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"The nave exactly resembles the Priory Church of Lanercost in Cumberland, belonging to the same order*, which was finished and consecrated A. D. 1165. In both a south aile is wanting: the columns of each are alternately cylindrical and angular, and the hatched ornament of the capitals and windows is common to both.-What antiquary, and what man of taste, can forbear to regret that the tombs of the Cliffords do not yet remain at Bolton, like those of the Dacres at Lanercost, which are scattered in the most beautiful disorder about the ruined choir, while elder, and other funereal plants, spire up among coronets and garters +?

* St. Augustine.

"At the east end of the north aile of Bolton Priory Church," relates Whitaker, "is a chantry belonging to Bethmesly Hall, in the parish of Skipton, and a vault, where, according to tradition, the Claphams were interred upright.” -They inherited the hall by the female line from the ancient family of the Mauliverers. Thomasine, coheiress of sir Peter Manliverer, temp. Ed. III. married William de la Moore of Otterburne, and Elizabeth, the only daughter and heiress of this match, marrying Thomas Clapham, brought the manor of Bethmesly into that family.

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"The oldest son of this match,” resumes Whitaker, John Clapham, a famous esquire' in the wars between the

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"The original west front of Bolton, though unhappily darkened, is extremely rich. It is broken into a great variety of surfaces, by small pointed arches, with single shaft columns, and originally gave light to the west end of the church by three tall and graceful lancet windows.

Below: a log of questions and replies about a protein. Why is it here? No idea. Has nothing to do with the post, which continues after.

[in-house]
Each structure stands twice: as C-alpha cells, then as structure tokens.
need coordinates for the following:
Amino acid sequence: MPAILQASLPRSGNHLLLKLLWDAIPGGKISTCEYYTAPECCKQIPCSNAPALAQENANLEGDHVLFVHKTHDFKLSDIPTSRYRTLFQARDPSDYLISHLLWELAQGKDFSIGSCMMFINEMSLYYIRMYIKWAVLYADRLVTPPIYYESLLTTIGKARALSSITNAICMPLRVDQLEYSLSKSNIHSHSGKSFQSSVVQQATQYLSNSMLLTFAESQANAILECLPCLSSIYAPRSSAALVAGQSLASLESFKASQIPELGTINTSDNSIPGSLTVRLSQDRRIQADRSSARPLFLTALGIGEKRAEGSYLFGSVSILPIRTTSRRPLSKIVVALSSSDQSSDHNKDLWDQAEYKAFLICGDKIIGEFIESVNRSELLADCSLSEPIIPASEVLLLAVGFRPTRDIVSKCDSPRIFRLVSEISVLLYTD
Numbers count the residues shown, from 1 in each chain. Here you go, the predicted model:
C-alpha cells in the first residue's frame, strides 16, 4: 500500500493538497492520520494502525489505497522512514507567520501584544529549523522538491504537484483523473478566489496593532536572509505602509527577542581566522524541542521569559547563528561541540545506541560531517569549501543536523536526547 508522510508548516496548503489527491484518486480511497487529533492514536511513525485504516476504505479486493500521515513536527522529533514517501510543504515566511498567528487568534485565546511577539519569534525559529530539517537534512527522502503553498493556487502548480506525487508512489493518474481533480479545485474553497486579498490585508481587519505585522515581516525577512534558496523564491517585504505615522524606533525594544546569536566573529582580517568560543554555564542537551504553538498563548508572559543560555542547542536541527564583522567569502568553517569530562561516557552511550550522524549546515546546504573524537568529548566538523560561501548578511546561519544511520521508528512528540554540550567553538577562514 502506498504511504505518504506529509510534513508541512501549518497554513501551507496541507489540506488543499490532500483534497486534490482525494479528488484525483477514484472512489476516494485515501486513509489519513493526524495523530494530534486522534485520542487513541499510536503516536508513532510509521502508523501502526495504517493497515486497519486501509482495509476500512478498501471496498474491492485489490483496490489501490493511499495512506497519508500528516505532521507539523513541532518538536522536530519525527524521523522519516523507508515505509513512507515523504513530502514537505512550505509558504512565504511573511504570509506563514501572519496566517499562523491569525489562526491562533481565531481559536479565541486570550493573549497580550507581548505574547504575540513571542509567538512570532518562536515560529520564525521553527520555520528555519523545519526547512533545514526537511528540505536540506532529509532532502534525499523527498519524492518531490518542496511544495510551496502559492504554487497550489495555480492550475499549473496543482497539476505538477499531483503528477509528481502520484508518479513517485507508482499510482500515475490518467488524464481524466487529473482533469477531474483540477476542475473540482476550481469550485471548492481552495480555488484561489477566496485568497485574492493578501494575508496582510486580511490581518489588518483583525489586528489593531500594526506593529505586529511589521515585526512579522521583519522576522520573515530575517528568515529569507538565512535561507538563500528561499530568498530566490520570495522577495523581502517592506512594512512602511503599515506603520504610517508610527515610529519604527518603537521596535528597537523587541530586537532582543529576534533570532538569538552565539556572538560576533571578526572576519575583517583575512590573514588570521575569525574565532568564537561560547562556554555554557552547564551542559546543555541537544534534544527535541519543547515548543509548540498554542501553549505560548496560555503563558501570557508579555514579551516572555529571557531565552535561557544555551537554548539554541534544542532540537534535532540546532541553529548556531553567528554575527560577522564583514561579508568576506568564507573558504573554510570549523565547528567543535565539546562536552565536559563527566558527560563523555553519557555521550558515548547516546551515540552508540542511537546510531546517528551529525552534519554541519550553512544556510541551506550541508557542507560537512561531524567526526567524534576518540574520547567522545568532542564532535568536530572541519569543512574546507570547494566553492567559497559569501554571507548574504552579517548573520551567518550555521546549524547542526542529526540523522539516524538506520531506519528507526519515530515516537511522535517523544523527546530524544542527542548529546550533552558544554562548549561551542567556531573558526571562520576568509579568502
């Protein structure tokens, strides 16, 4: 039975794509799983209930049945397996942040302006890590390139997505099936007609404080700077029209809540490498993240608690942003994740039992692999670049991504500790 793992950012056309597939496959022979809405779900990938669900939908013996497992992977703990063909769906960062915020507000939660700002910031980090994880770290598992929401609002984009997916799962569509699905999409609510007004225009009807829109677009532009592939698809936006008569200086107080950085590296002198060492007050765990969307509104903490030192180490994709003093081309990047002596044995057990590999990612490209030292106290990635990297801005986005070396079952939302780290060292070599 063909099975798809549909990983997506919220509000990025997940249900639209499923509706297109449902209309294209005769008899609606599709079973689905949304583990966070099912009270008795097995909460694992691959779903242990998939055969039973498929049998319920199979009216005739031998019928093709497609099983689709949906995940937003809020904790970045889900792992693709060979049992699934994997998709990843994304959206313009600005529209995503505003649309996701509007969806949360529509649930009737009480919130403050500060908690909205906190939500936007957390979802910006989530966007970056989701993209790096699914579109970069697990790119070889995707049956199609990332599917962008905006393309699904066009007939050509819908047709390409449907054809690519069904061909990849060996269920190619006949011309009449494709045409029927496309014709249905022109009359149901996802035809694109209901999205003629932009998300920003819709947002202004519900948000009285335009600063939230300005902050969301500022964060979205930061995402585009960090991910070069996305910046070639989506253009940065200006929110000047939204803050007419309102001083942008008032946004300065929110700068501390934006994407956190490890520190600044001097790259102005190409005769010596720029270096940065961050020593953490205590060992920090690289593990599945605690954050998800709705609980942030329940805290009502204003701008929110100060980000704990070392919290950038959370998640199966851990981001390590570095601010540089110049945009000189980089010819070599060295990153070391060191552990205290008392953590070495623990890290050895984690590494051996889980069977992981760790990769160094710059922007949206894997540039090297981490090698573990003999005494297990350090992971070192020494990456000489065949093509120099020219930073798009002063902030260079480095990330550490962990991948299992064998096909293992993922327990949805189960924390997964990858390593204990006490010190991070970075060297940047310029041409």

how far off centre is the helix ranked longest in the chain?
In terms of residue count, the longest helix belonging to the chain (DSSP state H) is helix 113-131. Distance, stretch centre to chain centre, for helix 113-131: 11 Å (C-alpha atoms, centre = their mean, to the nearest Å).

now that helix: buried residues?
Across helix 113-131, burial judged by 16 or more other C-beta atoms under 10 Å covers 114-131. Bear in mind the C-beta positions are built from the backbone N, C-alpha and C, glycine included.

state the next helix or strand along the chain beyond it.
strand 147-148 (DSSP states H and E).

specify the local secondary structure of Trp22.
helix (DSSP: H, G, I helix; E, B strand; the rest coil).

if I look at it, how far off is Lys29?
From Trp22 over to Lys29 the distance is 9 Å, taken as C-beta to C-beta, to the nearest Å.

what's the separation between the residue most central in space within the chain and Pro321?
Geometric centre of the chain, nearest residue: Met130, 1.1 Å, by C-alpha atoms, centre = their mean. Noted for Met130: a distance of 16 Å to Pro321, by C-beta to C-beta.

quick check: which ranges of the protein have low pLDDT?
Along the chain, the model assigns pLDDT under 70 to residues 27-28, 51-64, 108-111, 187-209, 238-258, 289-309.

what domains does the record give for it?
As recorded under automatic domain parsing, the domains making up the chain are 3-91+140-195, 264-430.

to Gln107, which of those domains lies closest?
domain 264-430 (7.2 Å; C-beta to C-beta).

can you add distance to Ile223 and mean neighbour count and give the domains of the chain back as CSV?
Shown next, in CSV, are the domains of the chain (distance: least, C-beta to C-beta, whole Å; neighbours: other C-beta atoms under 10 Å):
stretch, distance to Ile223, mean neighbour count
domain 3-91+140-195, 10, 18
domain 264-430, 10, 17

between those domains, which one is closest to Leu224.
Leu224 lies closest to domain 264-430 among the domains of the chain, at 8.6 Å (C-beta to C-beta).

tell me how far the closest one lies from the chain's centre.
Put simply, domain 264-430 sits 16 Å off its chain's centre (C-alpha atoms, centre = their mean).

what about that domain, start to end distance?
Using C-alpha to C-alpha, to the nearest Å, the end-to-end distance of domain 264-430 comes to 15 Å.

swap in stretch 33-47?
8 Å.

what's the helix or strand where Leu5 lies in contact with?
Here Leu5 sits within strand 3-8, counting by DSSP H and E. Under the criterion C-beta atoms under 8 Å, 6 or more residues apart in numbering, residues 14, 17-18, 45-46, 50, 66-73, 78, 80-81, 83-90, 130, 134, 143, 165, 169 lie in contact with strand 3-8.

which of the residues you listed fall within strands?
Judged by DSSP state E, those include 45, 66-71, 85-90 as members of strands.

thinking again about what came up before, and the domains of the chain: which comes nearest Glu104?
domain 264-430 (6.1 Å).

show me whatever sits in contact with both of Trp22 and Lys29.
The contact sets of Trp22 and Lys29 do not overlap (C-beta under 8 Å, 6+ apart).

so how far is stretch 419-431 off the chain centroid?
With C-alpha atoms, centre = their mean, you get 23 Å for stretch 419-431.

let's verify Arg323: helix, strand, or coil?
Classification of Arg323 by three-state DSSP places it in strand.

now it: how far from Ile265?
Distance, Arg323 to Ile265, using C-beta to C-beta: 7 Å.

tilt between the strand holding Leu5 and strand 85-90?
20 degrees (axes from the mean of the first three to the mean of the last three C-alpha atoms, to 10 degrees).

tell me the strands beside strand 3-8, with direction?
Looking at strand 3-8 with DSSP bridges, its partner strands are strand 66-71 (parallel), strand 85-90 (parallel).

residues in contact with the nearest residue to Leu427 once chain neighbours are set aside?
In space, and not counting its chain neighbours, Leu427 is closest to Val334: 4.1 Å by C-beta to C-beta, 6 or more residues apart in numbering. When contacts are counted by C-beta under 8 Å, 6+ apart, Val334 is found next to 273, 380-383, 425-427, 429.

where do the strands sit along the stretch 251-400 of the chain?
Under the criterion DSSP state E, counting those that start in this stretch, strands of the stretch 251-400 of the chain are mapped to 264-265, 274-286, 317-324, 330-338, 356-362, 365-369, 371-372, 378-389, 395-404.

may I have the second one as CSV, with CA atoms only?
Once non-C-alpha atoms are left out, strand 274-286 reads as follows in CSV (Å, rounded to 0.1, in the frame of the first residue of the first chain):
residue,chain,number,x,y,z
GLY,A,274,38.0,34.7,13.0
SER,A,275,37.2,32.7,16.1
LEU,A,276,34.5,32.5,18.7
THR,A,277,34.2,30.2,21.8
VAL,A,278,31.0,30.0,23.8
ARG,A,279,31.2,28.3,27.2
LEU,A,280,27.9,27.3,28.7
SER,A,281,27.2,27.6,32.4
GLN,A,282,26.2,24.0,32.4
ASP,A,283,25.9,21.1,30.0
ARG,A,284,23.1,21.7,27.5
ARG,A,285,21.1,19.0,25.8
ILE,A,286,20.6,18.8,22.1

“Over the transept was a tower.—The want of this feature at present is the only defect of Bolton as an object. But instead of this appears a very

houses of York and Lancaster, who is said to have beheaded, with his own hands, the earl of Pembroke, in the church porch of Banbury." Craven, pp. 365, 366.

To this instance of savage ferocity, and to the singular mode of interment of the Clapham family, Wordsworth thus refers in his beautiful poem of the White Doe of Rylstone: Pass, pass who will, yon chantry door,

And, through the chink in the fractured floor
Look down, and see a griesly sight;

A vault where the bodies are buried upright!
There face by face, and hand by hand,
The Claphams and Mauleverers stand;
And, in his place, among son and sire,
Is John de Clapham, that fierce esquire,-
A valiant man, and a name of dread,

In the ruthless wars of the white and red,

Who dragged earl Pembroke from Banbury church,
And smote off his head on the stones of the porch!

WORKS, Vol. iii. p. 20.